After supper, when they gathered about the campfire, smoking, and scoffing good-naturedly at one another's tales of wondrous experiences, and talking over the events of the day just gone, they received him upon an equality with themselves which was only slightly grudged. He told them, in English more precise than any of them could speak, of Conrad's encounter with Rutherford Jenkins in the Blue Front, and their appreciation of the tale completed the work which his skill as a cowboy had begun. Thereafter they looked upon José as a comrade and a good fellow.

Three small adobe houses, of one room each, with flat roofs and earthen floors, had been built here, as the large and never-failing springs made the spot a sure rendezvous for every round-up. The locality was infested by skunks, and the cowboys, who greatly feared midnight bites from the prowling animals, believing hydrophobia a sure consequence, usually preferred to sleep inside the houses, on bunks filled with alfalfa hay. If they ventured to sleep out-of-doors, they kept small cans of coal oil ready and, whenever a wakeful man saw one of the small creatures near, a quick turn of the wrist drenched its fur with the fluid and a brand from the smouldering campfire tossed after it sent a squealing pillar of flame flying up the hill and saved them from further disturbance that night.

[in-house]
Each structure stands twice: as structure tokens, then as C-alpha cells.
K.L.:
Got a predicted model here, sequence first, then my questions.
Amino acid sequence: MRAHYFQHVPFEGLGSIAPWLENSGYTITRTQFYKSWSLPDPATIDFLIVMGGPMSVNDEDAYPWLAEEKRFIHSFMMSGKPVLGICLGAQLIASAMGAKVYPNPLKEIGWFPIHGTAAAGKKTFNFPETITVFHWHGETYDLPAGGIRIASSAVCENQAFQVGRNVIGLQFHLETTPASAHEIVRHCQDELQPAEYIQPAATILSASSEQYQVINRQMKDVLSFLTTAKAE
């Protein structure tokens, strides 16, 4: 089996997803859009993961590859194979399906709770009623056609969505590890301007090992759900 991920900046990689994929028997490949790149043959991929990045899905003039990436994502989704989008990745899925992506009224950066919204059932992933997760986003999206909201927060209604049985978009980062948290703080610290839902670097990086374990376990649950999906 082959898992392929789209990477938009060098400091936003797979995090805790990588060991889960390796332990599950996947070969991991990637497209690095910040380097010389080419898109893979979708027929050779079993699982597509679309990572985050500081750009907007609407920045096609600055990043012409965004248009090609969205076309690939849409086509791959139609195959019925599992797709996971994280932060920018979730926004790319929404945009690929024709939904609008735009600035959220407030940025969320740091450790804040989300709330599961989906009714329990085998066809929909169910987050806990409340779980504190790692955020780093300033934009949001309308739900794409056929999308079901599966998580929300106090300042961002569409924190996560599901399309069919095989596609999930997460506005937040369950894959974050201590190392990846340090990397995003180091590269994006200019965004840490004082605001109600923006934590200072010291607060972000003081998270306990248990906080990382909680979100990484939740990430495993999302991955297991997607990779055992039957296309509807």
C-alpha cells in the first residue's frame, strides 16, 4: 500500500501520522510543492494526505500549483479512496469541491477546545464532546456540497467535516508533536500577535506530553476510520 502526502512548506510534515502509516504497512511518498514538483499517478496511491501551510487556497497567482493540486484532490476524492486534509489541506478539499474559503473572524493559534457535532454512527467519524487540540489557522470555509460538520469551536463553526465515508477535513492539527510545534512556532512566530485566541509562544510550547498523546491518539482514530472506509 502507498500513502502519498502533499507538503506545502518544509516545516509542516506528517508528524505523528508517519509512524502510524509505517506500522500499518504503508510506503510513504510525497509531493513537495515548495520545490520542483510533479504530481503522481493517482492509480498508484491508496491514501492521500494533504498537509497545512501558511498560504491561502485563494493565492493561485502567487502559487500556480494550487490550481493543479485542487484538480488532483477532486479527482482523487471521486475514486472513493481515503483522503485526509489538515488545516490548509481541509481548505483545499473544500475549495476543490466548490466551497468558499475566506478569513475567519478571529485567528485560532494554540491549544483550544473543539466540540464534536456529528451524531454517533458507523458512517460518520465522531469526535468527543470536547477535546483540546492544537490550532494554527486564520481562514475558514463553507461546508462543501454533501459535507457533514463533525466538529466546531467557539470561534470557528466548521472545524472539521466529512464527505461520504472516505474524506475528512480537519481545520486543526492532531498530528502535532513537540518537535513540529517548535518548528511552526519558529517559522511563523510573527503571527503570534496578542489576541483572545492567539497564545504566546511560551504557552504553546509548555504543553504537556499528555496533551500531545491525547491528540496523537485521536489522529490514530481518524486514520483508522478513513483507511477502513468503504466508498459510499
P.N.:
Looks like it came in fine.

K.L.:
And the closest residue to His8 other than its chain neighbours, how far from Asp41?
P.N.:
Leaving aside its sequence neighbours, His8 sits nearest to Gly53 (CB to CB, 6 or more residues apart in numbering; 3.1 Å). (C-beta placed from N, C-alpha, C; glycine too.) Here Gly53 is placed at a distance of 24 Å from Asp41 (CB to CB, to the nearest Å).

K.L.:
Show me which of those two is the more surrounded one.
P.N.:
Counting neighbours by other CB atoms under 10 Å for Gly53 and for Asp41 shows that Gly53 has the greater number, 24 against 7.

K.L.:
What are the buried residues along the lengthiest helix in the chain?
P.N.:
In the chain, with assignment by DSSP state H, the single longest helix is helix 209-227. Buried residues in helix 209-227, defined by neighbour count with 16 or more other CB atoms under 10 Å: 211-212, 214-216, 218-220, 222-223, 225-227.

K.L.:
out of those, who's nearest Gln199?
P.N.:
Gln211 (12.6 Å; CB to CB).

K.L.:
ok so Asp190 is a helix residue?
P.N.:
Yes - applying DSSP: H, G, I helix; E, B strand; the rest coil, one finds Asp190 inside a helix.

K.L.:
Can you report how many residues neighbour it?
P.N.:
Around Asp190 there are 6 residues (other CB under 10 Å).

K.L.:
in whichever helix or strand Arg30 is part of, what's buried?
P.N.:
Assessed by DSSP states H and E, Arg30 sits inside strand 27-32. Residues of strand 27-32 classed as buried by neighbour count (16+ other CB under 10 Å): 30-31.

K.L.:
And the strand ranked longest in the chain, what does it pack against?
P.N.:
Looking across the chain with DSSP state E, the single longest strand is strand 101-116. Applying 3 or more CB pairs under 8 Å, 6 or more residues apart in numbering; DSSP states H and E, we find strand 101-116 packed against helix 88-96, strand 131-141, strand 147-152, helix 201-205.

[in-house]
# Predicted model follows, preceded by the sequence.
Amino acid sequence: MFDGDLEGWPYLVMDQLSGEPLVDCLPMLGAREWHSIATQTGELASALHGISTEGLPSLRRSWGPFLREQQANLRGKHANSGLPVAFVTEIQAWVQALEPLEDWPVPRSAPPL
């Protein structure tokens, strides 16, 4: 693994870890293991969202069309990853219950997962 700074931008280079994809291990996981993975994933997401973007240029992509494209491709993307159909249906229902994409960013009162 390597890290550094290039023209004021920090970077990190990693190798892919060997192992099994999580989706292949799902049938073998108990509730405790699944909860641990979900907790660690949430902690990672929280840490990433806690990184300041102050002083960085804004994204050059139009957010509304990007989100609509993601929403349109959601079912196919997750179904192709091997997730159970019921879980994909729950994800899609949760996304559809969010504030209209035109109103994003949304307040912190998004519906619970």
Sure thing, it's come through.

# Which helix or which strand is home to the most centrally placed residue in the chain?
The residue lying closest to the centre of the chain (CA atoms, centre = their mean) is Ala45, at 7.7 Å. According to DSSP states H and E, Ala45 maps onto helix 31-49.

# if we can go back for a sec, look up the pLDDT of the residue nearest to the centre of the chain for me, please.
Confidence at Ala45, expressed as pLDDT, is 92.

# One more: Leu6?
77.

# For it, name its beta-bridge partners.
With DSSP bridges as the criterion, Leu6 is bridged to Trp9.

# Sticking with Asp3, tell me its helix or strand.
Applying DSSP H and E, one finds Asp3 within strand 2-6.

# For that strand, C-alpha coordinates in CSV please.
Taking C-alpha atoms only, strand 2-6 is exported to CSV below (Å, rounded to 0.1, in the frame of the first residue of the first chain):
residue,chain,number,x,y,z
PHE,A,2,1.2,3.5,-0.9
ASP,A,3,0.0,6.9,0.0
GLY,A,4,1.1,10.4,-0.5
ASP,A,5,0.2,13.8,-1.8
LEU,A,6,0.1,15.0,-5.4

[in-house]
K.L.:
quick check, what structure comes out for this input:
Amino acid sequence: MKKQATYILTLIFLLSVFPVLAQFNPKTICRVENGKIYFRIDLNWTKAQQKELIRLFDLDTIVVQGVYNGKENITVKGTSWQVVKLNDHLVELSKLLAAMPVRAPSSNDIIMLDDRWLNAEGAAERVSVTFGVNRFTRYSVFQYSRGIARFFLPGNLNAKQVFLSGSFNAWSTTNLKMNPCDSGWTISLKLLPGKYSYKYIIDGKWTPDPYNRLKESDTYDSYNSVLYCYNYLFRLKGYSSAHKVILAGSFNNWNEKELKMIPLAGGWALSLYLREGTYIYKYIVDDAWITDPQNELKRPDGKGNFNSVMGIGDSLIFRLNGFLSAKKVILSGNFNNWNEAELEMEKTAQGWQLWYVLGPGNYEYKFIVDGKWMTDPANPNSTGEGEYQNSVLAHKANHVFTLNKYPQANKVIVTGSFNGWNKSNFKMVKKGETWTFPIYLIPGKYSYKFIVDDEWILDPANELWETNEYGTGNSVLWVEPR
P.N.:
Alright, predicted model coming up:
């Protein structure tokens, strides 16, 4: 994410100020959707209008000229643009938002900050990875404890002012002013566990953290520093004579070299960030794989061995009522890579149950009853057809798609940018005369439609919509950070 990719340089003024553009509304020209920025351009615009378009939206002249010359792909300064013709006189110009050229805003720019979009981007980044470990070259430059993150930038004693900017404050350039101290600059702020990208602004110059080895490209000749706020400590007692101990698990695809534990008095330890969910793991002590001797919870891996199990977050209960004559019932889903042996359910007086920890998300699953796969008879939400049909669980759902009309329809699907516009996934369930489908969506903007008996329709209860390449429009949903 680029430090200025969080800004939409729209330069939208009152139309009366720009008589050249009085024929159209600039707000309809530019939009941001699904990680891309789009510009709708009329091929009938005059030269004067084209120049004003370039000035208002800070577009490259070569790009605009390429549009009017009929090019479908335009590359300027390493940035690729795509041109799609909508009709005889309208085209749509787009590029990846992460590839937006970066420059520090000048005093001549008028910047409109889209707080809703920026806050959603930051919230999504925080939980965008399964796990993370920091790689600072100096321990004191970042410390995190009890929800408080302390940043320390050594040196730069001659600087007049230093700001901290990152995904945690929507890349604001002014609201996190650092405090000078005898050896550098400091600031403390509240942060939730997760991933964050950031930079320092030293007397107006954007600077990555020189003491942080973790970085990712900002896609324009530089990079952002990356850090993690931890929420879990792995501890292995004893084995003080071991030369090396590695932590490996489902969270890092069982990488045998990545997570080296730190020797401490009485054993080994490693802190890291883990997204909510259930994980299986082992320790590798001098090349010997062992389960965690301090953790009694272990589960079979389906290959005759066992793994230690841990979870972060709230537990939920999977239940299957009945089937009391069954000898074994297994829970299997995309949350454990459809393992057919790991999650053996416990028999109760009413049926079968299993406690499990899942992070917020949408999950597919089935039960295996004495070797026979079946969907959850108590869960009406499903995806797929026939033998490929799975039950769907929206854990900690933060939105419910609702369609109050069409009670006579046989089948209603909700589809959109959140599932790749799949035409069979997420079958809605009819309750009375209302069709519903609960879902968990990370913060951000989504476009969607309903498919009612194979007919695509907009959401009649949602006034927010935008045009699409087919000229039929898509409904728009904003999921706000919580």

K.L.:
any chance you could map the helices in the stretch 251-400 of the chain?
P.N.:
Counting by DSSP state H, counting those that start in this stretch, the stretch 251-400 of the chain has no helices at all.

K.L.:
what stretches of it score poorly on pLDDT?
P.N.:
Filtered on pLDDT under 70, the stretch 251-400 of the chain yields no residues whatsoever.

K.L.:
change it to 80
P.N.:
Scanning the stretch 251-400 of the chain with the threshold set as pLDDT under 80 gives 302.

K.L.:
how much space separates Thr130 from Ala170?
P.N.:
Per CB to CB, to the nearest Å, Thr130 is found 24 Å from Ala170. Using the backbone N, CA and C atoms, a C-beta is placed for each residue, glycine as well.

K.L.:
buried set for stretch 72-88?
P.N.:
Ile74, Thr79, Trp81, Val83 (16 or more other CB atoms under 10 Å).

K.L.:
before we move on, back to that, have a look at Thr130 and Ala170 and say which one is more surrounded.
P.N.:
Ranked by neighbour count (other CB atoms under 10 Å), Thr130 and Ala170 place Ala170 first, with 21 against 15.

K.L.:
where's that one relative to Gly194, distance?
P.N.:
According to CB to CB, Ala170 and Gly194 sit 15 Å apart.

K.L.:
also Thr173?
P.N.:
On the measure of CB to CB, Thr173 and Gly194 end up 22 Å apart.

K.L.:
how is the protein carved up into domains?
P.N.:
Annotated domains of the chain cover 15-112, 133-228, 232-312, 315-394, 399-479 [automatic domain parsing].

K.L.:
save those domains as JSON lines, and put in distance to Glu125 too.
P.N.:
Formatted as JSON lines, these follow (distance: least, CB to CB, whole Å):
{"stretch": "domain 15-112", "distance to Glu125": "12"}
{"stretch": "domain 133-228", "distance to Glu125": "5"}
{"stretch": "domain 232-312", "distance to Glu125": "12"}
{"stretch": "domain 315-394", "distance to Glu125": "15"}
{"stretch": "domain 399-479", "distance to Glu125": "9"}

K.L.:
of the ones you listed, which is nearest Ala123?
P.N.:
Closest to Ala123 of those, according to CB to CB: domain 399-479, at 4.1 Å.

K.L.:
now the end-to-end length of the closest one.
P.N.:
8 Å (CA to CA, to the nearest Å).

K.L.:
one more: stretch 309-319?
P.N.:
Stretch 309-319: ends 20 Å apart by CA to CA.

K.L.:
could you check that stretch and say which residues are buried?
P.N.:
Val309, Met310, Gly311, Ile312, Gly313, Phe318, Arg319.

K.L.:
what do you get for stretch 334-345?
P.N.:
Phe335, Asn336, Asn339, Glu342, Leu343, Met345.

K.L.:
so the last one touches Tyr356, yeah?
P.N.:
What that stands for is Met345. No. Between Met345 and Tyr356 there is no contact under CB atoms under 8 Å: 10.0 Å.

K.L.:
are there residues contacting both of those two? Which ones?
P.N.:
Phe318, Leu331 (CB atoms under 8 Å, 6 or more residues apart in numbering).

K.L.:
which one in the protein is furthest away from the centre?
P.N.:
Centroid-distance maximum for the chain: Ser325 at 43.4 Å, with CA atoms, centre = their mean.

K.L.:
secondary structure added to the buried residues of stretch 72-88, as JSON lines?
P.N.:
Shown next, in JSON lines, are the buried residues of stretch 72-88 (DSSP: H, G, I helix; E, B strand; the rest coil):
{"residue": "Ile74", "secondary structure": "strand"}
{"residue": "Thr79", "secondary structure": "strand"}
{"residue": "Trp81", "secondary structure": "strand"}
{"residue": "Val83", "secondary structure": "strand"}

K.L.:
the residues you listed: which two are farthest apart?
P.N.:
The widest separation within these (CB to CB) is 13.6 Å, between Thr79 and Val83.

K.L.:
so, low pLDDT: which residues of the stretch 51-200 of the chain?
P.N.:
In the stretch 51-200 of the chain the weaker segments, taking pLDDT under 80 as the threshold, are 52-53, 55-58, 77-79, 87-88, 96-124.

A board nailed across a corner of the largest house served Conrad as a desk. He kept there a lamp, writing materials, and a few books. While the men sprawled around the campfire and the last gleams of dusky red faded from the west and the moon bounded up from behind the eastern hills, he made his memoranda, wrote a letter to be sent to the post-office by the first chance comer, and lost himself for an hour in a volume of Shakespeare. When he went outside the men were walking about, yawning and stretching, ready for sleep. Curtis's imagination was still astir from his reading, and the presence of any other human being seemed an impertinence. But he said, genially:

"Well, boys, you begin to look as if you wanted to turn in. Take whatever bunks you like, if you want to go inside. I'm going to sleep out here."

"Better have a tin of ile handy," said Red Jack. "The polecats are sure likely to nibble your toes if you don't. The night I slept here last week I never saw the cusses so bad; durned if one of the critters didn't get inside and wake me up smellin' of my ear. I was some skeered of him stinkin' up the place so it couldn't be slept in for a year, so I jest had to lay low and wait for him to go outside, and then I doused him good with ile and throwed the candle at him. I sure reckon he's holed up somewhere now, waitin' til